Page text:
Quantcast
8:25 p.m., 10/24/2014 |  Sign in
67°

Giddings, standing tall in a male-dominated world

Diane Xavier | 3/27/2014, 9:13 p.m. | Updated on 3/28/2014, 1:23 p.m.
In celebration of the accomplishments of African American women during Women’s History Month in March, the African American Museum in ...
Rep. Helen Giddings during the Swearing-In Ceremony of the 82nd Legislative Session, Jan. 20, 2011. Texas House of Representatives

Giddings said officials like her have to be successful in raising money for their campaign in order to get elected.

“Nobody is going to take you seriously when you are running for the state House or Congress if you cannot and do not raise money,” she said.

Giddings gave an example of a female candidate that was successful in raising money for her campaign, with state Sen. Wendy Davis, D-Fort Worth of District 10, who won the Democratic primary for Texas governor. Davis raised over $12 million in her campaign to represent the Democratic Party in the upcoming general elections in November for Texas governor.

Giddings said the struggles of women, especially for African American women, to become elected officials are still apparent today. Less than 10 women in Dallas serve in the state House.

“So when we look at the Texas House of Representatives, there have been six African American women to go the state House from Dallas,” she said. “It is still a great field of progress to be made and we need to encourage more women to run for elected office. And once again, it goes back to our culture, it goes back to the way that we were raised.”

Giddings said most women who are in office today have evolved, including her.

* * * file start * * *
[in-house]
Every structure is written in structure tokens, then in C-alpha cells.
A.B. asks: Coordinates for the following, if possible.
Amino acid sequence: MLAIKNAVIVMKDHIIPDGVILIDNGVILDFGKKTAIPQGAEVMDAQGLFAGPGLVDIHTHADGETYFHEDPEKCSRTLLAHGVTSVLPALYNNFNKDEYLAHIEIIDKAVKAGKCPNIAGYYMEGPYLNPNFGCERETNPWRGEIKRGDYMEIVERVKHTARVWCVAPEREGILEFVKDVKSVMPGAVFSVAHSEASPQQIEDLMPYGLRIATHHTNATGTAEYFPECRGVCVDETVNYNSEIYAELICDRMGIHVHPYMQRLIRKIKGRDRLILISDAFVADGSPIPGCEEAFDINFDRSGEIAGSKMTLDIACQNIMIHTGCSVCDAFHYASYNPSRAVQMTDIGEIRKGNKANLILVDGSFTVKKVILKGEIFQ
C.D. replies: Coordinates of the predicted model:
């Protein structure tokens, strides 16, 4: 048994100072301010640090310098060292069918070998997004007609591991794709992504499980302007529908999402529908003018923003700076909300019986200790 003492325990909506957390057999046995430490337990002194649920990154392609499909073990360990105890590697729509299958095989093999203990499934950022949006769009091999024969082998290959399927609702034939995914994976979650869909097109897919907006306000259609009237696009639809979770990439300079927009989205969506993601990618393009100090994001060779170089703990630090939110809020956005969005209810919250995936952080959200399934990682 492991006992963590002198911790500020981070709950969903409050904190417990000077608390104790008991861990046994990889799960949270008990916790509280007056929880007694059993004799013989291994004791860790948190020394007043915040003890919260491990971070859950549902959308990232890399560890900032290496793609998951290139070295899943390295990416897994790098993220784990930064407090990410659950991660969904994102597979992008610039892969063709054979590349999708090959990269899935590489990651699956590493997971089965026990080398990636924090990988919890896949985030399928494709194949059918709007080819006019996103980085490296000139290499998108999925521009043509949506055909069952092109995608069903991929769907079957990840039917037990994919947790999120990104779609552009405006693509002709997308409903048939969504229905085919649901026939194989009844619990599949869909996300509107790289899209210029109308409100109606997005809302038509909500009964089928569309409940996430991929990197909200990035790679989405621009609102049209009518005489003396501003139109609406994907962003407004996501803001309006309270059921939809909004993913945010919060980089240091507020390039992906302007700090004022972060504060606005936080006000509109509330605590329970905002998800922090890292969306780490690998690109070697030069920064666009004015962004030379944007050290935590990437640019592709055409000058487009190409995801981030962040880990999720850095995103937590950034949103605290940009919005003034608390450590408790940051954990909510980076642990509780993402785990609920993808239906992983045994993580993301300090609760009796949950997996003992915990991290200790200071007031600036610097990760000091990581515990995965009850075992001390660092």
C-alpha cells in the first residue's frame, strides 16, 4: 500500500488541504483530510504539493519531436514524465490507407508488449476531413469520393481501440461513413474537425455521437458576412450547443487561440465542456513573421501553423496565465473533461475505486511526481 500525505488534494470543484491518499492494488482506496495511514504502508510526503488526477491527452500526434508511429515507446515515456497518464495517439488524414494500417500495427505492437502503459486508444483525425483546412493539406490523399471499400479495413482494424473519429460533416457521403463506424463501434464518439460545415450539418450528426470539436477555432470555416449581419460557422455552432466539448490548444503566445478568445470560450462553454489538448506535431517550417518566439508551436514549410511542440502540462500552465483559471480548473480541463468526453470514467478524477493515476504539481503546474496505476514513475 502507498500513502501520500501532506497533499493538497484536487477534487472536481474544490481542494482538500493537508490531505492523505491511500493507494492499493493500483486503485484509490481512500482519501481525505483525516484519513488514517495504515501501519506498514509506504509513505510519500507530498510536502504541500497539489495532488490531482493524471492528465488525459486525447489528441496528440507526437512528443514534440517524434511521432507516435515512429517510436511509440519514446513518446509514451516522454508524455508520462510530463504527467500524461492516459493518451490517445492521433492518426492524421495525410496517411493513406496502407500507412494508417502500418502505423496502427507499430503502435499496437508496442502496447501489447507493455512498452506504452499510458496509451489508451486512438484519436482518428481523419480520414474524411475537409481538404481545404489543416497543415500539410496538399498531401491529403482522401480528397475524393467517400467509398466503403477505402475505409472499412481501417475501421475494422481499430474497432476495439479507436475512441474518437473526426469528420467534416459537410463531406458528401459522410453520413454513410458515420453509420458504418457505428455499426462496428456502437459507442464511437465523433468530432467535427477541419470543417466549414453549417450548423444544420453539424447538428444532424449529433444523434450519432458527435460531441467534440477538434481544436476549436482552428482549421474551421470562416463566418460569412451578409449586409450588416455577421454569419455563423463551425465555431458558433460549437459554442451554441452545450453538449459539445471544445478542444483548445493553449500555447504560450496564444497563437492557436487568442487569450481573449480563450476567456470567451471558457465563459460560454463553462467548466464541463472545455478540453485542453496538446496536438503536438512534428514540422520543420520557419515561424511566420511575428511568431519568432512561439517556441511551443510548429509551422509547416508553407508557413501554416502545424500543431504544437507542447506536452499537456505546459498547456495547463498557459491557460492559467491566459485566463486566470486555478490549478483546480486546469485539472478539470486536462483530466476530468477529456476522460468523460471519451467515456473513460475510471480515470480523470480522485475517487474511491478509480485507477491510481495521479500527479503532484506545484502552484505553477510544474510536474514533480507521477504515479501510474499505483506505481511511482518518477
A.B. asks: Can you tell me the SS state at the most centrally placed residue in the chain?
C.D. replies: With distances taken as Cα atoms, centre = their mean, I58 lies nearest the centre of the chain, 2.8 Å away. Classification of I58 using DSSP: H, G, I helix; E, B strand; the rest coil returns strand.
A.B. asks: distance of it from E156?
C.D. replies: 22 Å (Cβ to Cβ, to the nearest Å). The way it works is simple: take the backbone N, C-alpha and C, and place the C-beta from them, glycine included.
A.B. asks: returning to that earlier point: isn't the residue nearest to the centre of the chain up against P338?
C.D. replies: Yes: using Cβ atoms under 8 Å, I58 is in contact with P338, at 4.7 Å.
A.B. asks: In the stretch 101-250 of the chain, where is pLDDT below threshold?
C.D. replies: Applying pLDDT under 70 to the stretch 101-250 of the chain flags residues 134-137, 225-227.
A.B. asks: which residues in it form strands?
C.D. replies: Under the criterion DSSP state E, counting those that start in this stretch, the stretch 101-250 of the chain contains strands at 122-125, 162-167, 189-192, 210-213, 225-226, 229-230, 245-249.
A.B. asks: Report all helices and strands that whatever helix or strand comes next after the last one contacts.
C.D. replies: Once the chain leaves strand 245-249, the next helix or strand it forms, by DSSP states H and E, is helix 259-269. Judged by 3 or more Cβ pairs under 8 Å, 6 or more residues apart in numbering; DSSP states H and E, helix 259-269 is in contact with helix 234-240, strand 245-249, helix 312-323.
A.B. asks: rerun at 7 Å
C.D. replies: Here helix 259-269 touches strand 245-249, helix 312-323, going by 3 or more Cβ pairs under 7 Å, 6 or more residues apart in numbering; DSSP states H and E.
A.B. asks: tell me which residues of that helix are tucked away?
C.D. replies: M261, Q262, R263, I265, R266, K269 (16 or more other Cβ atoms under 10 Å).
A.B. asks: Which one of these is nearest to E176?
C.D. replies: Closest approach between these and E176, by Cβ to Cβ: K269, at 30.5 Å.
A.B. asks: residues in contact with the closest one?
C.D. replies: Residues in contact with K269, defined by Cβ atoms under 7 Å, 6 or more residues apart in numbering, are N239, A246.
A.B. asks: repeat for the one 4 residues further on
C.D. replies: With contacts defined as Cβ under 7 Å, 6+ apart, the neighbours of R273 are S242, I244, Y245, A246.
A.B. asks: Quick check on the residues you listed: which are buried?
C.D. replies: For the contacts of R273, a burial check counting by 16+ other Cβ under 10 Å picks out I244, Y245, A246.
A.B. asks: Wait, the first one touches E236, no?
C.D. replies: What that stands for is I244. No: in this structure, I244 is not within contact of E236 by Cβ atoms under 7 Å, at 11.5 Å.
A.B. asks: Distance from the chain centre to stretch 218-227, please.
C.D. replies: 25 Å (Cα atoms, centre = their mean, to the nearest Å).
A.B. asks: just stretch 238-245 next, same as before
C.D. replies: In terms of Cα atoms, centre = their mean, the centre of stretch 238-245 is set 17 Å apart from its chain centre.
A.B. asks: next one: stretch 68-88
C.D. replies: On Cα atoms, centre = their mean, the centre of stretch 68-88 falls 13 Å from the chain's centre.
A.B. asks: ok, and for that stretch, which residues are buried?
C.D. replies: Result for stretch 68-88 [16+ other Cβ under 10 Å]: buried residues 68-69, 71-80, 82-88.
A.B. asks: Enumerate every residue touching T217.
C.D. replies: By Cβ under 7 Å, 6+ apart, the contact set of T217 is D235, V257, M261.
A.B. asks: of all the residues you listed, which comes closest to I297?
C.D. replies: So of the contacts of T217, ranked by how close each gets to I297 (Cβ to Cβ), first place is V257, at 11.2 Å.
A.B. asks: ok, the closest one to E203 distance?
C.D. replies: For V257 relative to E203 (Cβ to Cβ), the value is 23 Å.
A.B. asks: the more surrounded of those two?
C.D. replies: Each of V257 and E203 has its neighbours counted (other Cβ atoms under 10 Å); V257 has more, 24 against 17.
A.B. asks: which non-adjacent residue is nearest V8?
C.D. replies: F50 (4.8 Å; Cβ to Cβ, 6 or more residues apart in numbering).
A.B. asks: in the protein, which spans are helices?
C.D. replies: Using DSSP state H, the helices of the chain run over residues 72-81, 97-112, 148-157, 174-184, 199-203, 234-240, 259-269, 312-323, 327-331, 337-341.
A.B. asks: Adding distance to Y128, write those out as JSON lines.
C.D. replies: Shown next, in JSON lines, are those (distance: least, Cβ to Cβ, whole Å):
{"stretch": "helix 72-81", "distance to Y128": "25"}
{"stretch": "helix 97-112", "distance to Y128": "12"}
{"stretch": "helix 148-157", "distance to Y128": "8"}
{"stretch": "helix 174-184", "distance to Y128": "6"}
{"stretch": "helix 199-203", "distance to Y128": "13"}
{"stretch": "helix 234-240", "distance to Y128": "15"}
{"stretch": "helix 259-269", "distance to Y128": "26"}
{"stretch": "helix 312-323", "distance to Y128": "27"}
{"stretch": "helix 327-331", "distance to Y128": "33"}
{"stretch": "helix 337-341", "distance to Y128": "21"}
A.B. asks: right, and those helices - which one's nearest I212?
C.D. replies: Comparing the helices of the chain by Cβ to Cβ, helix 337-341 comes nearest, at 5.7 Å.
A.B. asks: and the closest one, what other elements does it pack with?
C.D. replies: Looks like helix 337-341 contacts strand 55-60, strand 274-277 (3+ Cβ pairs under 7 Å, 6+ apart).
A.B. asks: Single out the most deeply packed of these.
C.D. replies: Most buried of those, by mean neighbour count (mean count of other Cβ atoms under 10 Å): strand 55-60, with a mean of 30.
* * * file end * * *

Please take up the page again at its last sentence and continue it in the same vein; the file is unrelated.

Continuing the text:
“I have served on every major board in this town, such as the city planning commission, vice chairman of the Dallas Transit board, Dallas Symphony board, the Red Cross board and the Salvation Army board,” she said. “But, I never started out to do any of these things. I was just going wherever I was needed. And what happens with men most often is that men decide early on in their lives that I want to be the United States senator, I want to be a congressman, I want to be president of the United States. It’s something I think has always been accepted in terms of men.”

Giddings said for women, they are uncomfortable as girls saying that they want to be the president or senator.

“We generally evolve into these positions,” she said.

Currently, there are 435 congressional seats and 78 are those held by women, which is less than 20 percent.

In the Texas House of Representatives, only 31 of the 150 seats are held by females.

Another area of concern for Giddings includes the lack of leadership roles given to African Americans.

“When we look at paid boards, wow, we are just not there,” Giddings said. “We ought to be there. It’s a whole culture that we have to change in this country and it’s not going to happen overnight.

“Working with the Texas Board of Transportation, they gave me their last report and they awarded $2 billion in contracts and out of that $2 billion, $12 million went to African Americans. That is way less than 1 percent. So we are still dealing with those kinds of issues and as I said to John Martin, who is in charge of this department, when you think of TxDot, it reminds me of football, where 25 years ago you couldn’t find any Black quarterbacks and you darn didn’t have any Black coaches. It wasn’t always that they were not smart enough to do it, and that they couldn’t call the plays, and they couldn’t coach the games. It was the culture that kept them out. But the culture changed and so in a lot of cases, what we have to do as it relates to women and as it relates to African Americans in general is to continue to try to change the culture and not so much think that we have arrived.”